Pharmaceutical companies are always looking for competitive advantages. Historically, getting a leg up on the competition has centered on identifying novel active pharmaceutical ingredients, or APIs, which are more effective than the market's best therapies. While that is still the overwhelming focus of the industry, companies are beginning to invest heavily in novel manufacturing capabilities that often go unnoticed by investors. One relatively new technology being explored is the use of highly optimized biocatalysts, or enzymes and microorganisms that accelerate chemical reactions.
Nature uses enzymes to efficiently create and synthesize chemicals. Why shouldn't modern society do the same?
A process that utilizes biocatalysts can take less time, energy, equipment, and resources to complete and result in enhanced production metrics and less waste overall. The goal is to make APIs easier to isolate, purer, and cheaper. Think the advantages are overstated? Consider first how biocatalysts are designed around the process along with several real-world case studies.
Wanted: More efficient manufacturing process
Who manufactures biocatalysts? Chemical behemoth BASF (OTC:BASFY) is among the handful of companies utilizing a directed evolution technology platform that engineers enzymes and metabolic pathways of microorganisms. The platforms are effectively squeezing tens of thousands of years (or more) of evolution into a period of several months by nudging enzymes into optimized structures for a given process. That is powerful. So powerful, in fact, that the world's largest chemical company opened its third pharmaceutical enzyme manufacturing line in India (after Italy and the United States) this summer.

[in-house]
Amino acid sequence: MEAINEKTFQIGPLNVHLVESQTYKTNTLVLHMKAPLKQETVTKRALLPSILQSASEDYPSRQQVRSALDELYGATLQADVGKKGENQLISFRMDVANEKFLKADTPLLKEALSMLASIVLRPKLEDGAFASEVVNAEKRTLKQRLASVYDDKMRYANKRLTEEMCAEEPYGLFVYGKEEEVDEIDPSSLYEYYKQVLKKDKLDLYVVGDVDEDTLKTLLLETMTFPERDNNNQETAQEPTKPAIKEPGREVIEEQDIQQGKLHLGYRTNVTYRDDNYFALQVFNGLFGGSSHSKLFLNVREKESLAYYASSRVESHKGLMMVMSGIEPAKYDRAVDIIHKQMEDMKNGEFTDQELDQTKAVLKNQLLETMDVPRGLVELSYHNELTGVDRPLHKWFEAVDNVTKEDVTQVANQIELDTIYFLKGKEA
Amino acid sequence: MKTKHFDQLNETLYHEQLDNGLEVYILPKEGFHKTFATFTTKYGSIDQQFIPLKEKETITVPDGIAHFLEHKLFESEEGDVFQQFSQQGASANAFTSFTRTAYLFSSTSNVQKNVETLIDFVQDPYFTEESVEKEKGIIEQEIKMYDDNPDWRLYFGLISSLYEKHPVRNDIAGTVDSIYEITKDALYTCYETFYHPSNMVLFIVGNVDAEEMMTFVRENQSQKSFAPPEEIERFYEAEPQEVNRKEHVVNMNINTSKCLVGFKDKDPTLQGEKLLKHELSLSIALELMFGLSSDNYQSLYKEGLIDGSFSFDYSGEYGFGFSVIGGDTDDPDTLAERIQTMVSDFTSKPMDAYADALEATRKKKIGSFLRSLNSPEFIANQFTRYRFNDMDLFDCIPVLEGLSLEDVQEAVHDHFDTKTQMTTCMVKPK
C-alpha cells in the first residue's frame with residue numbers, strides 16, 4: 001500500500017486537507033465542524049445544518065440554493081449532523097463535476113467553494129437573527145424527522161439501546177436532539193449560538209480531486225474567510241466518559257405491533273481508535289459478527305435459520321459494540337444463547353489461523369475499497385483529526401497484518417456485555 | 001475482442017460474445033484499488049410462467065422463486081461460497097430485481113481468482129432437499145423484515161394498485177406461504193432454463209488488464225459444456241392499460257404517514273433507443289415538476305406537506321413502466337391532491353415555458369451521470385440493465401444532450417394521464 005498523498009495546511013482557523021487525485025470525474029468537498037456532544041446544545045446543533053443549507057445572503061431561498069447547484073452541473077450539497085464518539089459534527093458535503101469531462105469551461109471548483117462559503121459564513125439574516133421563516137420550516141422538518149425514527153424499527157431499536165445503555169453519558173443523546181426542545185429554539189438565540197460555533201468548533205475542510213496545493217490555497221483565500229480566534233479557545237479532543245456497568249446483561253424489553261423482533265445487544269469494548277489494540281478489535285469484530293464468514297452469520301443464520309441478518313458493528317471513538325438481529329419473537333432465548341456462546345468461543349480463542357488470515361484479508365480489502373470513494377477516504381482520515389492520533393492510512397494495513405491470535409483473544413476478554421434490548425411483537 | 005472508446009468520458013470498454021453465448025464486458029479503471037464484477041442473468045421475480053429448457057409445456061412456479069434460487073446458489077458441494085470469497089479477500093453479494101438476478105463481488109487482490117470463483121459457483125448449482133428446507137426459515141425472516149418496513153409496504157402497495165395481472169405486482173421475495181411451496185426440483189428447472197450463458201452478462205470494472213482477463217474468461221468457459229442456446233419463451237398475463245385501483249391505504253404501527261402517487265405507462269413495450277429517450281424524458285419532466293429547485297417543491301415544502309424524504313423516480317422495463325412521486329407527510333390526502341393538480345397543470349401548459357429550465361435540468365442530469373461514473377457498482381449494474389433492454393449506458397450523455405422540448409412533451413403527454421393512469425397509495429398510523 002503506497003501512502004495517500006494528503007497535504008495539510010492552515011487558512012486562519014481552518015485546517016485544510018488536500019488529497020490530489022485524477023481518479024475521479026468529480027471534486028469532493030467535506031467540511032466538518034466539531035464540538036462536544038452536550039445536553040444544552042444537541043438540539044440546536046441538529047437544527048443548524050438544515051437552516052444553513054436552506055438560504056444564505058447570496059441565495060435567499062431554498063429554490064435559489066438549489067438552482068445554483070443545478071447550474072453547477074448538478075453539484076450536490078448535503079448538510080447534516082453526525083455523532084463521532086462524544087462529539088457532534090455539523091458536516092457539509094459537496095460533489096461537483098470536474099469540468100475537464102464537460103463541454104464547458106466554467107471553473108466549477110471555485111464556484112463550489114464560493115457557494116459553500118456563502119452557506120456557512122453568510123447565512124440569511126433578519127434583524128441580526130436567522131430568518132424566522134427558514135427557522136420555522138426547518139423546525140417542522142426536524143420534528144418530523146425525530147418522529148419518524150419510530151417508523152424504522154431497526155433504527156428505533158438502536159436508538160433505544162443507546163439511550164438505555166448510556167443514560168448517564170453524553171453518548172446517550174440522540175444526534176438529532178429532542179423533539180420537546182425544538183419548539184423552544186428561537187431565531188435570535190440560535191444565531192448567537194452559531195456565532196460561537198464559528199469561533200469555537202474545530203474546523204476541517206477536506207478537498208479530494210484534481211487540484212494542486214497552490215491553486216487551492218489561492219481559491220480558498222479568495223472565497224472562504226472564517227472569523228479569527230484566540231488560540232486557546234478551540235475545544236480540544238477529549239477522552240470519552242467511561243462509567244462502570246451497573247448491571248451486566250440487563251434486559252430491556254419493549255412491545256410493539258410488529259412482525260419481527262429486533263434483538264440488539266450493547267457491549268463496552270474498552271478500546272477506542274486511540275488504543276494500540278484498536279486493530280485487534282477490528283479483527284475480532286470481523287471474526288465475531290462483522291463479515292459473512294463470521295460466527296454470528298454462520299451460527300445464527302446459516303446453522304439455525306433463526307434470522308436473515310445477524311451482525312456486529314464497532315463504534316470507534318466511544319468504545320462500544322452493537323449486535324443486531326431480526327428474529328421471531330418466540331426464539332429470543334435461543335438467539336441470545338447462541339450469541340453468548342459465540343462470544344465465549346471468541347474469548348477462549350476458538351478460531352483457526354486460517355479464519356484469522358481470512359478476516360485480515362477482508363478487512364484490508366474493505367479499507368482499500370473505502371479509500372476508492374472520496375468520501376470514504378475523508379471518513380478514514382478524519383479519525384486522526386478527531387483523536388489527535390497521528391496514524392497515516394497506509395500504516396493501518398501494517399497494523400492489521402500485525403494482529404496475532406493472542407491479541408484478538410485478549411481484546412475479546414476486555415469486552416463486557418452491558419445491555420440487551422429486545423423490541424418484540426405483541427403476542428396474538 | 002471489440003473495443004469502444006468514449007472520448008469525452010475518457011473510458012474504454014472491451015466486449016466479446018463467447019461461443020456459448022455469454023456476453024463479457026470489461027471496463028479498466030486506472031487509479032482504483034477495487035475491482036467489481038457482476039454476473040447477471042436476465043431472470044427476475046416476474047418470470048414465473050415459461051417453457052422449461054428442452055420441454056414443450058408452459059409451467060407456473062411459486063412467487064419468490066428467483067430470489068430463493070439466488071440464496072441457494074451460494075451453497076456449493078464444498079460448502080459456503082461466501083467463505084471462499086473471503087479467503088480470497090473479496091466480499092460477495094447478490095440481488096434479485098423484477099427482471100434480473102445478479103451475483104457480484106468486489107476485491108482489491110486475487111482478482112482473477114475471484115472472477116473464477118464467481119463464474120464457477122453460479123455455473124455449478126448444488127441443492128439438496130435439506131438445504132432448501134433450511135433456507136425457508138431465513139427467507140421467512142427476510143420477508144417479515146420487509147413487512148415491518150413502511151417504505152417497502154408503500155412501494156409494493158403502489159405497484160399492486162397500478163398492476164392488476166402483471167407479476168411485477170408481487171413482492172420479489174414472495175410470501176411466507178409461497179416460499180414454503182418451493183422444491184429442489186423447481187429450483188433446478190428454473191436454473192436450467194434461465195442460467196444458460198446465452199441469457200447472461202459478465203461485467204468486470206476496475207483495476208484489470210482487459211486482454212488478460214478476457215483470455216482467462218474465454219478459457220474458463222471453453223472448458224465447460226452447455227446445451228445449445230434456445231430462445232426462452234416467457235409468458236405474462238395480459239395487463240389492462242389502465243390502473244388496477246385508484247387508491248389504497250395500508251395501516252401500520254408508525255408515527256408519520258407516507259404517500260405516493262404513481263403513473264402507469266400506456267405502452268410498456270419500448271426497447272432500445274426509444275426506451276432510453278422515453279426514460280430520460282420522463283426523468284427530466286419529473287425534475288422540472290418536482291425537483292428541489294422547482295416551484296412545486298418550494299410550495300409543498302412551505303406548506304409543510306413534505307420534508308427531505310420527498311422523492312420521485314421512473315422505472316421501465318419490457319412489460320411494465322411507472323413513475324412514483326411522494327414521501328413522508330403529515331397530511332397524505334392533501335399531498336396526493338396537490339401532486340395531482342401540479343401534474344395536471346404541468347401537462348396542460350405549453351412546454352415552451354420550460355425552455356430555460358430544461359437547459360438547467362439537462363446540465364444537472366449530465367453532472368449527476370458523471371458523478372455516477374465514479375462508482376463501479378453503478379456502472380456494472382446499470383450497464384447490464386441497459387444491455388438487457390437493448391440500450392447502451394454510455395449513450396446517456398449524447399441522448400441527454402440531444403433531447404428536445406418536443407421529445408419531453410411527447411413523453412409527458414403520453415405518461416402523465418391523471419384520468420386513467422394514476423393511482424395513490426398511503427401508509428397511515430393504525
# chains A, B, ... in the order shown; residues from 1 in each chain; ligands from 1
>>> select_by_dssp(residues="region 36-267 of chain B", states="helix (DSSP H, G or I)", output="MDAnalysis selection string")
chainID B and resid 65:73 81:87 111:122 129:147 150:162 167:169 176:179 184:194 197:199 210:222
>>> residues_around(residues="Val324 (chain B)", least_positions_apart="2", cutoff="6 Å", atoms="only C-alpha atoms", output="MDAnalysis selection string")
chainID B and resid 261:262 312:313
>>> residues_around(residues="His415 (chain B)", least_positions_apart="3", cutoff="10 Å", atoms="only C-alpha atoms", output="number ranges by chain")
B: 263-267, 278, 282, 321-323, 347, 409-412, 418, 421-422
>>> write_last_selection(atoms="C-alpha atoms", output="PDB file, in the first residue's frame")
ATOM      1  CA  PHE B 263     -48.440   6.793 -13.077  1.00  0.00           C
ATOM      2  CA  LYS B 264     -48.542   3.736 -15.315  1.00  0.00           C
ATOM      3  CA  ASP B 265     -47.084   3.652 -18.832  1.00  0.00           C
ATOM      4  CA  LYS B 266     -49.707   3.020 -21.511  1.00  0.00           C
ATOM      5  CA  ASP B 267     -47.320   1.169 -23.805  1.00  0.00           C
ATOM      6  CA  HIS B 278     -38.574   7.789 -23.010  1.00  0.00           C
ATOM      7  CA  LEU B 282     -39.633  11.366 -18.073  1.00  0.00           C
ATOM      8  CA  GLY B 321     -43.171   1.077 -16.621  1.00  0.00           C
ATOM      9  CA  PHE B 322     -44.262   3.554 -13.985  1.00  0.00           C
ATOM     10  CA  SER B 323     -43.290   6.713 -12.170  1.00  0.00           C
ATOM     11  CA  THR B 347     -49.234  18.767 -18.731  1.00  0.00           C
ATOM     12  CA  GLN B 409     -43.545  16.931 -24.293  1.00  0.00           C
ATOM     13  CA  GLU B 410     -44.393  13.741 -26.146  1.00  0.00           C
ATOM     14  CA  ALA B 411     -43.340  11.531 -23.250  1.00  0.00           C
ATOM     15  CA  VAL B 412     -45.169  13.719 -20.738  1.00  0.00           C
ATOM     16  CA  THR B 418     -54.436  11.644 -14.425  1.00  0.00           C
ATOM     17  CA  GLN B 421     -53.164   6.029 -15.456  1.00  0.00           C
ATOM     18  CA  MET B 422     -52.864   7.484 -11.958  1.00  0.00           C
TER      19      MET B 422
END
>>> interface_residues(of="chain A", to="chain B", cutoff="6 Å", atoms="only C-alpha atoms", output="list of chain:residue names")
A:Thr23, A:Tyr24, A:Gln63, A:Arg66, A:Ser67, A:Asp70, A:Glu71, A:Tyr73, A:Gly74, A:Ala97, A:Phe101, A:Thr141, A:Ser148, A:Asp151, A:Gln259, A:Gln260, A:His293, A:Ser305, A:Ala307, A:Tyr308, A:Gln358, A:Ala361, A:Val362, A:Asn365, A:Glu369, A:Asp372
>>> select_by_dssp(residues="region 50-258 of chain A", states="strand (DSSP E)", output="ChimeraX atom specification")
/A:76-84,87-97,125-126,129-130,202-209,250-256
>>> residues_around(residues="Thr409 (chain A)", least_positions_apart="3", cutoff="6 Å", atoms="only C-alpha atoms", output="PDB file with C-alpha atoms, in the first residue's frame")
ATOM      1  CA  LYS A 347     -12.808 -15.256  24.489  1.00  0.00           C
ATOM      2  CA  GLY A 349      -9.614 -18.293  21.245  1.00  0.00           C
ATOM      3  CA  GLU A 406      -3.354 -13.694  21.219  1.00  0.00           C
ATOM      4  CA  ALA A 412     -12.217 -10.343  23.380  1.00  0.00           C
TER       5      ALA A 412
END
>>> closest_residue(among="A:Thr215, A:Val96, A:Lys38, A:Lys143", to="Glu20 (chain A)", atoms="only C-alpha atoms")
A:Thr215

There is plenty of work ahead and the platforms are far from perfect, but the field has enormous value-adding potential. One estimate thinks that disrupting small molecule and biologic manufacturing represents an estimated annual market opportunity of $5 billion. That is a lot of money to go around to just a few well-established biocatalysis companies, which also includes Novozymes from Novo Nordisk and Genencor from DuPont. It is also just one area of the complete picture for optimized industrial enzymes that can also revolutionize chemical production, fuels, animal feed, textiles, wastewater treatment -- you get the point.
There are dozens of pharmaceutical companies and universities around the world working with BASF to incorporate optimized enzymes into their manufacturing processes. The success of the following case studies probably has a lot to do with the industry's increased appetite for biocatalysts:
Merck (NYSE:MRK), Januvia (sitagliptin)
The oral type 2 diabetes drug raked in $5.75 billion in 2012 -- crushing the injectable in-class competition. It has gotten off to a slow start in 2013, but is still one of the best-selling drugs on the market. The prior process required five total steps, three separate isolation steps, specialized equipment, and toxic catalysts. It also sported an overall yield of just 74%.